The Justice Department’s scrutiny of an Obama-era deal that gave Russia partial control of the U.S. uranium supply has opened the door to the possibility of a new investigation – egged on by the White House.
“If the attorney general feels there’s a need for that investigation, he should absolutely look into that – and obviously he sees cause for it,” White House Press Secretary Sarah Sanders told reporters on Thursday.
She was reacting to a report that DOJ prosecutors are now pressing FBI agents about a prior probe related to the Uranium One deal which Republican critics have criticized over alleged links to the Clintons. NBC News reported that agents are being asked to explain the evidence they found and whether there was any “improper effort” to stop a prosecution.
It’s all part of a broader effort by the Justice Department, first reported by Fox News, to evaluate GOP calls for the appointment of a second special counsel examining Obama administration-tied controversies. As Fox News reported in November, Attorney General Jeff Sessions directed “senior federal prosecutors” to make recommendations on whether such an appointment is warranted, and whether “any matters not currently under investigation should be opened.”
Sessions told reporters last week that the DOJ is cooperating with congressional investigators on Uranium One and other issues, including by making available a confidential informant. He said a “senior attorney” has been supplied with “the resources he may need” to review cases and make a recommendation.
As for Uranium One, “I think the end game would be if they found something, they certainly would be potentially capable of reopening the investigation and handling it as though it were an active, ongoing criminal matter,” said Thomas Dupree, former Justice Department official under the George W. Bush administration.
It’s unclear at the moment whether Sessions would eventually take the step to either appoint a second special counsel or reopen the probe, amid Republican criticism of Special Counsel Robert Mueller’s investigation into Russian interference in the 2016 election and potential collusion with Trump associates.
The pressure from Capitol Hill regarding Uranium One isn’t letting up.
Earlier this month, a top Republican senator expanded his own investigation into the sale of the Canadian mining company to a subsidiary of Russia’s Rosatom nuclear company. Sen. John Barrasso, R-Wyo., chairman of the Senate Committee on Environment and Public Works, fired off a letter to the heads of the U.S. Energy Department and U.S. Nuclear Regulatory Commission seeking more information – specifically, on how uranium under the Russian firm's control made its way out of the U.S.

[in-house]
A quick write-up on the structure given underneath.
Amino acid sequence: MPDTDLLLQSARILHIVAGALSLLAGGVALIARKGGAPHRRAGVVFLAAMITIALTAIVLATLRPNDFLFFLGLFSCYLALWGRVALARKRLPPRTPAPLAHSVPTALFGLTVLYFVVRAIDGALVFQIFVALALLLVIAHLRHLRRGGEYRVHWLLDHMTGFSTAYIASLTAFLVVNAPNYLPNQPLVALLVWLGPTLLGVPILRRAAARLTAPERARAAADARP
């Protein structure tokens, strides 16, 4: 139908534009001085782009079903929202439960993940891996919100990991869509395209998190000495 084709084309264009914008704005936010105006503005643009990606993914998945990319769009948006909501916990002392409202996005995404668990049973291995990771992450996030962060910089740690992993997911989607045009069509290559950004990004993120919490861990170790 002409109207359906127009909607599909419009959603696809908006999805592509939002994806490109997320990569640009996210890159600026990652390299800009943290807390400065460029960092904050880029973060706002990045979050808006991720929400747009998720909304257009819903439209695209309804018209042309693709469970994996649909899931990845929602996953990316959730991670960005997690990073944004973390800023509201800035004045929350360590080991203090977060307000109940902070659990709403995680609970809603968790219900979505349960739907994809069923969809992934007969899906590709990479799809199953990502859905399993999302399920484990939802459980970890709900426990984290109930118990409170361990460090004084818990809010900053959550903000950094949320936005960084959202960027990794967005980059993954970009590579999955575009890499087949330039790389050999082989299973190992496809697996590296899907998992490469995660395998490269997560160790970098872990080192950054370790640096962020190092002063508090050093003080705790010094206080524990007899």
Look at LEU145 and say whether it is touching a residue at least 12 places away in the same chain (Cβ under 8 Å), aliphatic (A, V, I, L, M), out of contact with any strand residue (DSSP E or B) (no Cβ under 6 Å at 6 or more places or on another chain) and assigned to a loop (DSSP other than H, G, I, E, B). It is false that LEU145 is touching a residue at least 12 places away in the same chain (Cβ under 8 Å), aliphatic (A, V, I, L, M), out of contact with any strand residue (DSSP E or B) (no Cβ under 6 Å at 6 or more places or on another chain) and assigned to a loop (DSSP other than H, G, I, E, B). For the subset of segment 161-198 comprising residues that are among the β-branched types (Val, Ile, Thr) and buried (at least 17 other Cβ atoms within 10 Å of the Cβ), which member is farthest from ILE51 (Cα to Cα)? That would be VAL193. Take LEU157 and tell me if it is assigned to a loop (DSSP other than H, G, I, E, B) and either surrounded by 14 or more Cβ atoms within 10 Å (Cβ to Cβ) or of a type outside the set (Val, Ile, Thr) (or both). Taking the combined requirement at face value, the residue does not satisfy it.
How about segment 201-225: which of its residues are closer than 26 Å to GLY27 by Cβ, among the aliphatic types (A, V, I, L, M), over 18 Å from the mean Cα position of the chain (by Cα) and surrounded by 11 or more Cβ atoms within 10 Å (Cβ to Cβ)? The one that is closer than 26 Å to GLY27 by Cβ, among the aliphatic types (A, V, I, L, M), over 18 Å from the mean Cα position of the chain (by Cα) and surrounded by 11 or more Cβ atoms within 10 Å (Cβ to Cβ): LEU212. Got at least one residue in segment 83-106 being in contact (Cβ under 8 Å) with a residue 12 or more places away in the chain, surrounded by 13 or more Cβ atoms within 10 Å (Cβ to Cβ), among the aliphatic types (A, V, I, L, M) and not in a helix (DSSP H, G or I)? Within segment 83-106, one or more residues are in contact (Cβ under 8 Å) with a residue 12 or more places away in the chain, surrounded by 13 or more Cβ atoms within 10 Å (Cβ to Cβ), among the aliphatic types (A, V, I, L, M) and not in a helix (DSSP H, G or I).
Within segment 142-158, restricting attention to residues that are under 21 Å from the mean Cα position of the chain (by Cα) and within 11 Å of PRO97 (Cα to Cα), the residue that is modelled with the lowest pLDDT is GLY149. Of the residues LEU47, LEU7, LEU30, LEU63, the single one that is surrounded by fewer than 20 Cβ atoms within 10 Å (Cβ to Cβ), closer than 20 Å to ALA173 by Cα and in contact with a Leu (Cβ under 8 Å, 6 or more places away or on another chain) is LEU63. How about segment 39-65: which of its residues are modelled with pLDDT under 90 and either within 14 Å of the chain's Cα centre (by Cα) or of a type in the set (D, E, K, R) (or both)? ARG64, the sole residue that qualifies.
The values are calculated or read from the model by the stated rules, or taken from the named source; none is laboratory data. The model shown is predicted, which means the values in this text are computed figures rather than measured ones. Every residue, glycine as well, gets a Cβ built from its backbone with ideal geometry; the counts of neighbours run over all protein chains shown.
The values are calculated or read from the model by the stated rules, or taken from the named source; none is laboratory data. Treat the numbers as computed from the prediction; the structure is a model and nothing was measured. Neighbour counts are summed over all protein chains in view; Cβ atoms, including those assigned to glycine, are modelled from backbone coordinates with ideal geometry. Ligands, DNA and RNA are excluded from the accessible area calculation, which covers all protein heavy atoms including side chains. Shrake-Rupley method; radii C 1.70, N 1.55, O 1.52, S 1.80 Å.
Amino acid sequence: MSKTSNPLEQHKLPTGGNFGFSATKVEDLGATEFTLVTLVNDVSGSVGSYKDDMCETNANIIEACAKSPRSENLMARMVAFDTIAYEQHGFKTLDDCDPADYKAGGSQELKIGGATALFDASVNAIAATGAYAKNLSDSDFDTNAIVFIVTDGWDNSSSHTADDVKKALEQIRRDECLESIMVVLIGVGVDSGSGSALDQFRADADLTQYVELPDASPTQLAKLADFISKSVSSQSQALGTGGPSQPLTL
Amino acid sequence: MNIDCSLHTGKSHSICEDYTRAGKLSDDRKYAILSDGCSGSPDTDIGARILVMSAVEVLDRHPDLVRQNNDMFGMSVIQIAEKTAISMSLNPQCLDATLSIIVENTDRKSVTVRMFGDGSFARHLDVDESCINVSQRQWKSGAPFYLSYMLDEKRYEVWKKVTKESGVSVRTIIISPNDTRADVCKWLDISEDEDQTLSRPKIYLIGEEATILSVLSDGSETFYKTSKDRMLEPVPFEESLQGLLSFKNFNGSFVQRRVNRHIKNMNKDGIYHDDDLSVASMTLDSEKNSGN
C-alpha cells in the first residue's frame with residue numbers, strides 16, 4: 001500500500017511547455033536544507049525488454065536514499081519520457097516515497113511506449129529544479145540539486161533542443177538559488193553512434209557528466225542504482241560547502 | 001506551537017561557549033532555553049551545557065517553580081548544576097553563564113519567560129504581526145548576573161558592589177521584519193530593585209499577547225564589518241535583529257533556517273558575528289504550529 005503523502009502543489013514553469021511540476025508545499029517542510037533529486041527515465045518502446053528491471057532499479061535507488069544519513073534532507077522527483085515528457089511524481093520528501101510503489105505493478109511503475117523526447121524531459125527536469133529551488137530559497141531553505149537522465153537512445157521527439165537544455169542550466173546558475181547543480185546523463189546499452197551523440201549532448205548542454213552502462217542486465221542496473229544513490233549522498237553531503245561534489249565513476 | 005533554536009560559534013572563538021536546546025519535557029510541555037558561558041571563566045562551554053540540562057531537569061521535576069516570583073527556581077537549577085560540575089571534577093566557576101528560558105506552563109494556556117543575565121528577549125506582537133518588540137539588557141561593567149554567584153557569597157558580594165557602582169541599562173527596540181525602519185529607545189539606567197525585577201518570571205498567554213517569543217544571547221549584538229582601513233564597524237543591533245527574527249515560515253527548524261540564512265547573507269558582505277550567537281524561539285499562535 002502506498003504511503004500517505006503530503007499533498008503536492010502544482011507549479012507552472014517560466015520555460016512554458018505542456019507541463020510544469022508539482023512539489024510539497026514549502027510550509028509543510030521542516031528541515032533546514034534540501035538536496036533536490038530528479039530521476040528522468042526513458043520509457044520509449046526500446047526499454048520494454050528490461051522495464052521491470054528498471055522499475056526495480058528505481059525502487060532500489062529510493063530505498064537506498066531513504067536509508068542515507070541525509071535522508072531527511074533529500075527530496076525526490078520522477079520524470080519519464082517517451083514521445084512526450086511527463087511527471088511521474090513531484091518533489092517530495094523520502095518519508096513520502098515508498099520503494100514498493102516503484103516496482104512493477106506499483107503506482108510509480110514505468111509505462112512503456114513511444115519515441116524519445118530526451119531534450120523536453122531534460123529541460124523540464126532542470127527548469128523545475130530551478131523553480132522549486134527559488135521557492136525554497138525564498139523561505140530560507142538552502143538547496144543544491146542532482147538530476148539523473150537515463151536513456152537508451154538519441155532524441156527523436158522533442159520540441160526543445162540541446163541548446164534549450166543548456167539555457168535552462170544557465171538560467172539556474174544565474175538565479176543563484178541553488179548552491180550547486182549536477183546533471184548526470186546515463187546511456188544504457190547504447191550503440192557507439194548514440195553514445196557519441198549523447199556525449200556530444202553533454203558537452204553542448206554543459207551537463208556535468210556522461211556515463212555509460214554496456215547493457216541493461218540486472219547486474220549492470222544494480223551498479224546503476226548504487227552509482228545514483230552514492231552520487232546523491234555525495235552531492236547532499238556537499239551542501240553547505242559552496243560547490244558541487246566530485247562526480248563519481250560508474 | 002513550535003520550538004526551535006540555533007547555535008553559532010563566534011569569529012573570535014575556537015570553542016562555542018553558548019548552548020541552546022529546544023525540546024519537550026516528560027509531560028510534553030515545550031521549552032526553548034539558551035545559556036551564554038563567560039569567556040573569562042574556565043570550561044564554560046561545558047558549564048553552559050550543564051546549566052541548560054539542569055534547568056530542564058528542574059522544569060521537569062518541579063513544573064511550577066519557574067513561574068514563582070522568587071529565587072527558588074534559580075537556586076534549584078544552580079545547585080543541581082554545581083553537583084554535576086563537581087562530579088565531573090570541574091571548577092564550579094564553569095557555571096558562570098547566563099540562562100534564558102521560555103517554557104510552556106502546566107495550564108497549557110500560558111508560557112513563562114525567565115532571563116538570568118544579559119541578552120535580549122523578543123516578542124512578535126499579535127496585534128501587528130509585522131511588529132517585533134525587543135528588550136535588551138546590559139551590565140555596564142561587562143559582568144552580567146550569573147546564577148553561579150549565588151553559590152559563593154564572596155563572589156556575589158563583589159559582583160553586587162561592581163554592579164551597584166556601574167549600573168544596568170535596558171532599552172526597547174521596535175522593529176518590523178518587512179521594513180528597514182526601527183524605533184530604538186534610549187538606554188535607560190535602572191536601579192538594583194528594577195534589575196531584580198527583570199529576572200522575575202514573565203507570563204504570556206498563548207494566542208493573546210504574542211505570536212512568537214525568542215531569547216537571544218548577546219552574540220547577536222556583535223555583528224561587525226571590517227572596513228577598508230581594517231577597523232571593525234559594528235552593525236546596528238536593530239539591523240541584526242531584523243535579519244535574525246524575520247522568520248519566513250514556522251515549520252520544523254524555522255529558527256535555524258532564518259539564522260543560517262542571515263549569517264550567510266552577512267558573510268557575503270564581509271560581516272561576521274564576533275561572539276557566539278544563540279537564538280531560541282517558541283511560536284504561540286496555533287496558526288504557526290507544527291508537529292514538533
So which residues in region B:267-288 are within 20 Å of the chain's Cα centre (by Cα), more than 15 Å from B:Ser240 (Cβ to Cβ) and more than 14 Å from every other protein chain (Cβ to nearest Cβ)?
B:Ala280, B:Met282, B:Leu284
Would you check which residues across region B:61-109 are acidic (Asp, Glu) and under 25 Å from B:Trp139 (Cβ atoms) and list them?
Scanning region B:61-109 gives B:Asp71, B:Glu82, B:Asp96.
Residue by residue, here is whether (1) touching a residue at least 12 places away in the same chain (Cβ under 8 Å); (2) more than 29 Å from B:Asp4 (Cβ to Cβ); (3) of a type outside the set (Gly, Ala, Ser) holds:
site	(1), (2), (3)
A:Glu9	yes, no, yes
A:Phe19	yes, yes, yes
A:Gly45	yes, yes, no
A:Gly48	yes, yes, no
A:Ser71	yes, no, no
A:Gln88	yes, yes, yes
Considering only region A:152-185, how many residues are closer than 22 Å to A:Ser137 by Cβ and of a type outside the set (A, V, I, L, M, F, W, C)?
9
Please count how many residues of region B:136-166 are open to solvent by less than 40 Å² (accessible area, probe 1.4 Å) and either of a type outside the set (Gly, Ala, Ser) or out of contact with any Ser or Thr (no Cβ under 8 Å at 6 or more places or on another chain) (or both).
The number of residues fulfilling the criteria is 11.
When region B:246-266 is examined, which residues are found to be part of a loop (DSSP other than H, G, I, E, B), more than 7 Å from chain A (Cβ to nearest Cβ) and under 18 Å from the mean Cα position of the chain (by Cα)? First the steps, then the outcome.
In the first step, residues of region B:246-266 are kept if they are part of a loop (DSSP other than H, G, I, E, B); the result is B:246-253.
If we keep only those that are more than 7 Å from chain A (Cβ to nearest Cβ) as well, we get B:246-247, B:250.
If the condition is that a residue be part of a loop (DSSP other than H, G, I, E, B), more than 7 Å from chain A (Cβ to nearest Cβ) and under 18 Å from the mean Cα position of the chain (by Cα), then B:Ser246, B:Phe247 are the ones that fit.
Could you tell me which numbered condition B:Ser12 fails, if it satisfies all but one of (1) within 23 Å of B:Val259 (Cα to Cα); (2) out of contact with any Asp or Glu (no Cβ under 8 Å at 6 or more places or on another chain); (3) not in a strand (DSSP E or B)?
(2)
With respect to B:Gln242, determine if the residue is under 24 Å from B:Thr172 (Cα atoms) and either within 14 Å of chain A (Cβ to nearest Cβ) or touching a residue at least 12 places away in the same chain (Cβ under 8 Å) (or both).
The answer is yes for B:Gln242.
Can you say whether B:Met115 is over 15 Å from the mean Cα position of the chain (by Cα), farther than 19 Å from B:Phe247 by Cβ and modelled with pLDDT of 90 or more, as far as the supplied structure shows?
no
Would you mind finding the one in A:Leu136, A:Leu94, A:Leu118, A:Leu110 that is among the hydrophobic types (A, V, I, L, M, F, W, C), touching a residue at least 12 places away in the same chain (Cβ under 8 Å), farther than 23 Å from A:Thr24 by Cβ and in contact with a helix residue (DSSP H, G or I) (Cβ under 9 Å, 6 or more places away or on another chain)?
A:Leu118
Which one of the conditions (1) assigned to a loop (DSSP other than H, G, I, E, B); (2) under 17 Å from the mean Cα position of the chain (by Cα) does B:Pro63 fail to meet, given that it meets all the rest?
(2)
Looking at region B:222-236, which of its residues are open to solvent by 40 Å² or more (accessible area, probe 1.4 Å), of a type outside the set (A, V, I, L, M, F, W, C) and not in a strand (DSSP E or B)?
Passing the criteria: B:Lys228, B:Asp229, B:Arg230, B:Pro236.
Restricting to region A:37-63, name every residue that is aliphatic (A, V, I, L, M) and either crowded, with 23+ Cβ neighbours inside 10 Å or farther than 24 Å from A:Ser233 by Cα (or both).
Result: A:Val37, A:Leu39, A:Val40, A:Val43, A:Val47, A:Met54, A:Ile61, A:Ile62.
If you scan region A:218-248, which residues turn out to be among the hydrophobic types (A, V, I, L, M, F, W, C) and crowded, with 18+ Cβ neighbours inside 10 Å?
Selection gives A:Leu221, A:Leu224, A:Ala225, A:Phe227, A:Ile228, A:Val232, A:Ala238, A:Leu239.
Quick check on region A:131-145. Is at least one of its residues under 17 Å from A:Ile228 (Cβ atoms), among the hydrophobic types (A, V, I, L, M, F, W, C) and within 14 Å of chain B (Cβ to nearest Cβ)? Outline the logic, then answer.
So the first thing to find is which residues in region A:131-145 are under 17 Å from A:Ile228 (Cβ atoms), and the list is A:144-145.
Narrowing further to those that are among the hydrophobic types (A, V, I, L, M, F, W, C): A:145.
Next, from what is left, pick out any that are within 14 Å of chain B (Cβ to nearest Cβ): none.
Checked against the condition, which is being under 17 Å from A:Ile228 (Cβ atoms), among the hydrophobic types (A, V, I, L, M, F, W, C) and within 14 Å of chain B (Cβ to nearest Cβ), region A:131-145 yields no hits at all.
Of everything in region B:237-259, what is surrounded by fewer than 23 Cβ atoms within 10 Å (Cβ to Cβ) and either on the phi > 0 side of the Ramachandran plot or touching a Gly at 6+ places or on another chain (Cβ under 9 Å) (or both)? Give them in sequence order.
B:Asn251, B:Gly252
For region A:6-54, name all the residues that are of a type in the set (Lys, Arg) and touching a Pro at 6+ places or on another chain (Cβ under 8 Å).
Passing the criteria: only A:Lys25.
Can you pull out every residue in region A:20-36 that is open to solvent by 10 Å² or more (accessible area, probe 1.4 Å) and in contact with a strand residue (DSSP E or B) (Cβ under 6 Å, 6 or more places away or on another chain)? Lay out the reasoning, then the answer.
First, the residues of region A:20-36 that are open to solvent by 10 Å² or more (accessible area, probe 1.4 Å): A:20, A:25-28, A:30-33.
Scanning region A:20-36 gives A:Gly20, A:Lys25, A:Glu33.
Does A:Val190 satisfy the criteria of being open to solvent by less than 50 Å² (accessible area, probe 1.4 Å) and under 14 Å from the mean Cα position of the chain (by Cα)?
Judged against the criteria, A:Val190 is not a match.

Back in 2011, then-NRC Chairman Gregory Jaczko assured the senator that the companies did not hold a specific “NRC export license” and would not be able to export uranium from the U.S. without one.
Yet The Hill reported last month that while the NRC never issued the license, memos show it did approve “the shipment of yellowcake uranium” from the U.S. mines to Canada in 2012 through a “third party.” The same report said the Obama administration later approved some of that material to go to Europe, “and the approval involved a process with multiple agencies.”
At a recent Senate hearing, NRC Chairwoman Kristine Svinicki committed to responding to the senator, while acknowledging the prior responses he got “have not fully depicted the complexity of this issue.” She said the commission would “depict it in context and more accurately” in the forthcoming response.
The Uranium One deal, which was covered extensively in 2015, burst back into the headlines in October, after The Hill reported the FBI had evidence as early as 2009 that Russian operatives used bribes, kickbacks and other dirty tactics to expand Moscow’s atomic energy footprint in the U.S., related to a Rosatom subsidiary. Republican lawmakers on Capitol Hill quickly started asking questions about how the deal was approved the following year by an inter-agency committee.
While scrutinizing the 2010 approval, Republican lawmakers have also revived questions that first surfaced in 2015 about payments to both Bill Clinton and the Clinton Foundation from “interested parties.”
Senate Judiciary Committee Chairman Chuck Grassley, R-Iowa, has renewed scrutiny, for instance, of a $500,000 fee Bill Clinton collected from a Russian investment bank for a June 2010 speech. Grassley wrote in an October letter that the bank’s senior officers include former Russian intelligence personnel, and sources had described the company as an “extension” of the Russian government.
“Notably, in the same month as the Clinton speech, Uranium One and Rosatom notified CFIUS of the Russian government’s intent to acquire twenty percent of the United States’ uranium assets. The next month, in July 2010, Renaissance Bank reportedly assigned Uranium One a ‘buy’ rating, a move that would principally benefit its Russian investors,” Grassley wrote. “The donations raise concerns about potential conflicts of interest for Secretary Clinton and the Obama administration.”
Figures related to the company also donated a reported $145 million to the Clinton Foundation, though it’s unclear whether any of that was connected to the deal – and a key figure claims he sold his stake in the company years earlier.
Addressing the matter on C-SPAN in October, Hillary Clinton said “it’s the same baloney they’ve been peddling for years, and there’s been no credible evidence by anyone. In fact, it’s been debunked repeatedly and will continue to be debunked.”
The 2016 Democratic presidential nominee said these issues are just part of the “distraction and diversion” from the investigation into Russian meddling and possible coordination with Trump associates in last year’s election.
Fox News’ Ed Henry, Jake Gibson and Brooke Singman contributed to this report.